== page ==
About 50 minutes by subway from Midtown, this popular seaside neighborhood makes for a great day trip. The wide sandy beach has retained its nostalgic, kitschy and slightly sleazy charms, wood-plank boardwalk and famous Cyclone roller-coaster amid a modern amusement-park area. Nathan's Famous churns out hot dogs, and the New York Aquarium is a big hit with kids, as is taking in an early-evening baseball game at MCU Park, the waterfront stadium for the minor-league Brooklyn Cyclones.
Coney Island traces its amusement-park roots to the mid-1800s, when inhabitants of the increasingly industrialized city began to seek relief from their sweltering tenements in summer. By the late 19th century the area was a rough-and-tumble party spot dubbed ‘Sodom by the Sea.’ In the early 1900s, however, family amusements began to materialize. The most famous, Luna Park, opened in 1903 – a dream world with live camels and elephants, illuminated by more than a million bulbs. Today, it's still possible to ride the 15-storey-high Wonder Wheel (opened in 1920) and the clackety Cyclone roller-coaster (1927). The area was a bit of a ghost town in the ’80s, but it has experienced a resurgence in recent years, drawing New Yorkers who come to chow on hot dogs, catch a sideshow, and dress up like punk mermaids at the annual Mermaid Parade. It ain’t Disney – but it isn’t meant to be.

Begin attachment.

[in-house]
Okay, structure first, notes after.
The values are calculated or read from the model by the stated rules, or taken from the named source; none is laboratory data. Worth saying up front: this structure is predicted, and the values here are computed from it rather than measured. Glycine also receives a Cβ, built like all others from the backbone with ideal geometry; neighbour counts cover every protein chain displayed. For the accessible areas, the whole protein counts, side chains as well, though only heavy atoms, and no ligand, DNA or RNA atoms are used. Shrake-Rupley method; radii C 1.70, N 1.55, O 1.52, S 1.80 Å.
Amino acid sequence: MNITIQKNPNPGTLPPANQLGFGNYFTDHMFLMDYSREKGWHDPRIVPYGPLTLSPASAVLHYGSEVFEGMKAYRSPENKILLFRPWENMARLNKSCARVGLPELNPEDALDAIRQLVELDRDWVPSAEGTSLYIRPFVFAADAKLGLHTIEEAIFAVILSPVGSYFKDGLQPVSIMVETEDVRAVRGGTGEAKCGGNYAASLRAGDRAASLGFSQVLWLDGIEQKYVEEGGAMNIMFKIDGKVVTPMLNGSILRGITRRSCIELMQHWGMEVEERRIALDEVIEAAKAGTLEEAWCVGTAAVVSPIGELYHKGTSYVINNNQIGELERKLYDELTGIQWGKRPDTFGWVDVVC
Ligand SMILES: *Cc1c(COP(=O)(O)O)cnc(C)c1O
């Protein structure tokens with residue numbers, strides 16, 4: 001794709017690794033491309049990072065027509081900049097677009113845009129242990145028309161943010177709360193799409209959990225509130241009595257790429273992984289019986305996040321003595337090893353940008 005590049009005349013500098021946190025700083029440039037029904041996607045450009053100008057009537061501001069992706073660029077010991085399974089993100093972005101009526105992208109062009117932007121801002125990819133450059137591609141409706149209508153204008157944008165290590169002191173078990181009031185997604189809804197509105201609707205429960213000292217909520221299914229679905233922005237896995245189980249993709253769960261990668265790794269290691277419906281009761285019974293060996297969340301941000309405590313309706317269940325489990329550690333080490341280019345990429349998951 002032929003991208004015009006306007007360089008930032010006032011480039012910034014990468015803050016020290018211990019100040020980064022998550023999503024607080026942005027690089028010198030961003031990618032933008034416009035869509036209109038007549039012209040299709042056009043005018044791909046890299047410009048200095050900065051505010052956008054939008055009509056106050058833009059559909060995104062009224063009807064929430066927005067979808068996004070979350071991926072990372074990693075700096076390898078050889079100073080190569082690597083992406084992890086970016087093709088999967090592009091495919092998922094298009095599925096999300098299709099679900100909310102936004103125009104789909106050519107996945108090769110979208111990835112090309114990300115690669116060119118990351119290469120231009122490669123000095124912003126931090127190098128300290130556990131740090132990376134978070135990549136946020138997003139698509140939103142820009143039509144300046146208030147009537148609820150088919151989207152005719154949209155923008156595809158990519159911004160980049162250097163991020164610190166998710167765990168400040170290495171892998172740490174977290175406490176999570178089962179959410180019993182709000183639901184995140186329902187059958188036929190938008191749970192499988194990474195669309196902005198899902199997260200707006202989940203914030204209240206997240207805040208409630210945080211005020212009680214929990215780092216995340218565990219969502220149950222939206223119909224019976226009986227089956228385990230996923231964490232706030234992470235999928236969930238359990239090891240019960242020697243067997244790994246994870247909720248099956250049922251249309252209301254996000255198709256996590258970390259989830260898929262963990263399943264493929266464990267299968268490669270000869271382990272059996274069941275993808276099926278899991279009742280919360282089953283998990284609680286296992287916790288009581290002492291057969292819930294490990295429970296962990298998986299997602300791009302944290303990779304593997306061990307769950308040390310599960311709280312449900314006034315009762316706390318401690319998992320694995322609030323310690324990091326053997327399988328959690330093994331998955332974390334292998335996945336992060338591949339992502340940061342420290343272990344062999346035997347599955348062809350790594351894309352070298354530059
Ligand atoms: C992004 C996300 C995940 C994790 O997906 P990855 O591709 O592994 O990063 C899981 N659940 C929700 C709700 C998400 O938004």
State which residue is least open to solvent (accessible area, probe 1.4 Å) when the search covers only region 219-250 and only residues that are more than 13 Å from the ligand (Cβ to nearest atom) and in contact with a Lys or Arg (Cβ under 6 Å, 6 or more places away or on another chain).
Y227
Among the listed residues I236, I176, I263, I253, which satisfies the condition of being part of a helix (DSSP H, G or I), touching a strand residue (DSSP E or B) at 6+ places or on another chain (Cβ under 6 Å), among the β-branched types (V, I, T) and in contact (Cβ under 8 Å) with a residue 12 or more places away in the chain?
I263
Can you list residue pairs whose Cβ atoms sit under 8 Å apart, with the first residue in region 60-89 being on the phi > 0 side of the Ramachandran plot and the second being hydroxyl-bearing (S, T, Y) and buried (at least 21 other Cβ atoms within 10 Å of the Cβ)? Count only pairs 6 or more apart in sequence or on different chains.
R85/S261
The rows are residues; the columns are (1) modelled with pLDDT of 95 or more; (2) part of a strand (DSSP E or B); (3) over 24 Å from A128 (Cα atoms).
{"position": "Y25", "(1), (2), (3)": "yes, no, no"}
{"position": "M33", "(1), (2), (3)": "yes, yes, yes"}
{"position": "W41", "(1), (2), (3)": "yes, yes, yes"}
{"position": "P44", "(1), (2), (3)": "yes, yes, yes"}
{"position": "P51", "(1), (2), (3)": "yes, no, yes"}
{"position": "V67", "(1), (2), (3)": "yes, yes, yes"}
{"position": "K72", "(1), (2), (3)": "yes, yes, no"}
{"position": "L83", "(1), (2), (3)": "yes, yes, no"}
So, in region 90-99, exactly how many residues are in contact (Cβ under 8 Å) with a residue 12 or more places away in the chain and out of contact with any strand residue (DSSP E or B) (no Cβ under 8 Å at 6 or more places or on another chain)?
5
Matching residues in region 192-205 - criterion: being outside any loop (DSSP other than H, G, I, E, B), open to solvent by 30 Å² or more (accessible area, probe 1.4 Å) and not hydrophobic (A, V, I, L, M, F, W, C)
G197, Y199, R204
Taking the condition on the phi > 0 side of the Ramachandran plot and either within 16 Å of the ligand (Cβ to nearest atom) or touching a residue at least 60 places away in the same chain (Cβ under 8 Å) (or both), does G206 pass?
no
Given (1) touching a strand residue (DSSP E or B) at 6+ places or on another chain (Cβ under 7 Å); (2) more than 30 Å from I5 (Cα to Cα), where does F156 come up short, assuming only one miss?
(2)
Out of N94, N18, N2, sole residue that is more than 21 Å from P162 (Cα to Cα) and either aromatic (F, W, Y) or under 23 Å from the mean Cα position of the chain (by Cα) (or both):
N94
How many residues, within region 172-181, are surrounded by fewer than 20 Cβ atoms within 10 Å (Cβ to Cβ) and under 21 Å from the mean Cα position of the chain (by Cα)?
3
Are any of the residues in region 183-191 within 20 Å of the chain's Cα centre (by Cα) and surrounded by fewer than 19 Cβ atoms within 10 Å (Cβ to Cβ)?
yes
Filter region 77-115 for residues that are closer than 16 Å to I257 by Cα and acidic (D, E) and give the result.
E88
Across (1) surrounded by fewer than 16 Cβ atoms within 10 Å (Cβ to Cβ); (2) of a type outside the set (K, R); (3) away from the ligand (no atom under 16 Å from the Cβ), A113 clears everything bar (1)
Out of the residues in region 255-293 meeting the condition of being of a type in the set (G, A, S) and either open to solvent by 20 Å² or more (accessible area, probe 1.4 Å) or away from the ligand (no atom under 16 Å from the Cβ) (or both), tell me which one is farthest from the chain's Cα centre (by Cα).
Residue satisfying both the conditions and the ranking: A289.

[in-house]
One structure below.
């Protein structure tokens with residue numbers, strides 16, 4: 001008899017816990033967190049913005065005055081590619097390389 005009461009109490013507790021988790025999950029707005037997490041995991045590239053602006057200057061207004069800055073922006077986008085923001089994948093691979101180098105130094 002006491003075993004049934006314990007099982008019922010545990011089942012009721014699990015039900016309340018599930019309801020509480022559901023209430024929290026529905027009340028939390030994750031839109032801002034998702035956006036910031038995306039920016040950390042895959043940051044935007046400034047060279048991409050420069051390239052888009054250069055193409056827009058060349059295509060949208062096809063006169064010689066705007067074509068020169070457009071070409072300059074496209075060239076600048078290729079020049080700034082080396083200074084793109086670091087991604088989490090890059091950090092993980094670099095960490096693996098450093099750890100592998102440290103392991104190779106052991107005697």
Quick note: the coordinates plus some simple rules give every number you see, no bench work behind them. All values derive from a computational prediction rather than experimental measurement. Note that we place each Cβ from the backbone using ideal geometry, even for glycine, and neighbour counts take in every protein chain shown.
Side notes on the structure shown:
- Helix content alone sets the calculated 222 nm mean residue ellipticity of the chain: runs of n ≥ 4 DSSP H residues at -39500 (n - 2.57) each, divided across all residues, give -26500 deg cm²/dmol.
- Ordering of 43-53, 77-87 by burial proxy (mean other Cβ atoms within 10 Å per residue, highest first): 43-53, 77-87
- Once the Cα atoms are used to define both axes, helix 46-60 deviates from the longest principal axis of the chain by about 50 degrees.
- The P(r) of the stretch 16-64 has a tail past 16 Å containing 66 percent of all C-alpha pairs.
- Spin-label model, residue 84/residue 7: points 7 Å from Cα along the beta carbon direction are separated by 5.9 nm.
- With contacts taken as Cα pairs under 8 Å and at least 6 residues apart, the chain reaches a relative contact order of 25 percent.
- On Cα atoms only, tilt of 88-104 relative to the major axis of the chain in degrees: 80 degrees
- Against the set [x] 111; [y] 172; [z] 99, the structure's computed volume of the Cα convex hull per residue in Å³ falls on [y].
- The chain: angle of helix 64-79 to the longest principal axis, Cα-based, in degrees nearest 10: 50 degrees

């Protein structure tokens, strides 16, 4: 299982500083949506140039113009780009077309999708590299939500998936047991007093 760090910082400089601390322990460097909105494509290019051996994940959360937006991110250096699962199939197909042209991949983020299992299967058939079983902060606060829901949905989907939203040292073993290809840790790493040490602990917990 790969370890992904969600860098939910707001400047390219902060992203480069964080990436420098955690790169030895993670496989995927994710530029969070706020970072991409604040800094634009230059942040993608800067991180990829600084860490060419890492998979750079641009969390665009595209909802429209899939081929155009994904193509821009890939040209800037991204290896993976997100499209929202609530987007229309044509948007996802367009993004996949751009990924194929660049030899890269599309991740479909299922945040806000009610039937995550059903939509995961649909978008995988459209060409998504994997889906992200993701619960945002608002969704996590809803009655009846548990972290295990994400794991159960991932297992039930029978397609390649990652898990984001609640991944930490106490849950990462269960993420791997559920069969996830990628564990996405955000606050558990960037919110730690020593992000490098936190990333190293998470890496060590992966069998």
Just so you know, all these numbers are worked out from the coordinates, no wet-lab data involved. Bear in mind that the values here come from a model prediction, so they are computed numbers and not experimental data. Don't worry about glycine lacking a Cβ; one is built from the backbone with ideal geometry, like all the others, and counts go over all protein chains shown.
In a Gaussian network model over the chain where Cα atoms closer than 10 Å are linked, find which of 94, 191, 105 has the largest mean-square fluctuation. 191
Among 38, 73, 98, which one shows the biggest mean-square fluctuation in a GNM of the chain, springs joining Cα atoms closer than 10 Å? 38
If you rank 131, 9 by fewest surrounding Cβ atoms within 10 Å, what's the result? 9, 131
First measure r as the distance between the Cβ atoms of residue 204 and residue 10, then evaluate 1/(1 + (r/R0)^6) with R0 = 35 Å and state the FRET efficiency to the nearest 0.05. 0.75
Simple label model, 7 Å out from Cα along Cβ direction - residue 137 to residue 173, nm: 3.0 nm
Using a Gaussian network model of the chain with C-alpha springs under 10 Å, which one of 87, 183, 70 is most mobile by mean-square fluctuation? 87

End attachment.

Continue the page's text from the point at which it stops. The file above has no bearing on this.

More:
Not centrally managed, Coney Island's various rides and attractions are generally open every day from Memorial Day to Labor Day (the same period in which lifeguards patrol the beach). From Easter to Memorial Day and Labor Day to the end of October, rides open only on weekends, and the place practically shuts down from November to Easter.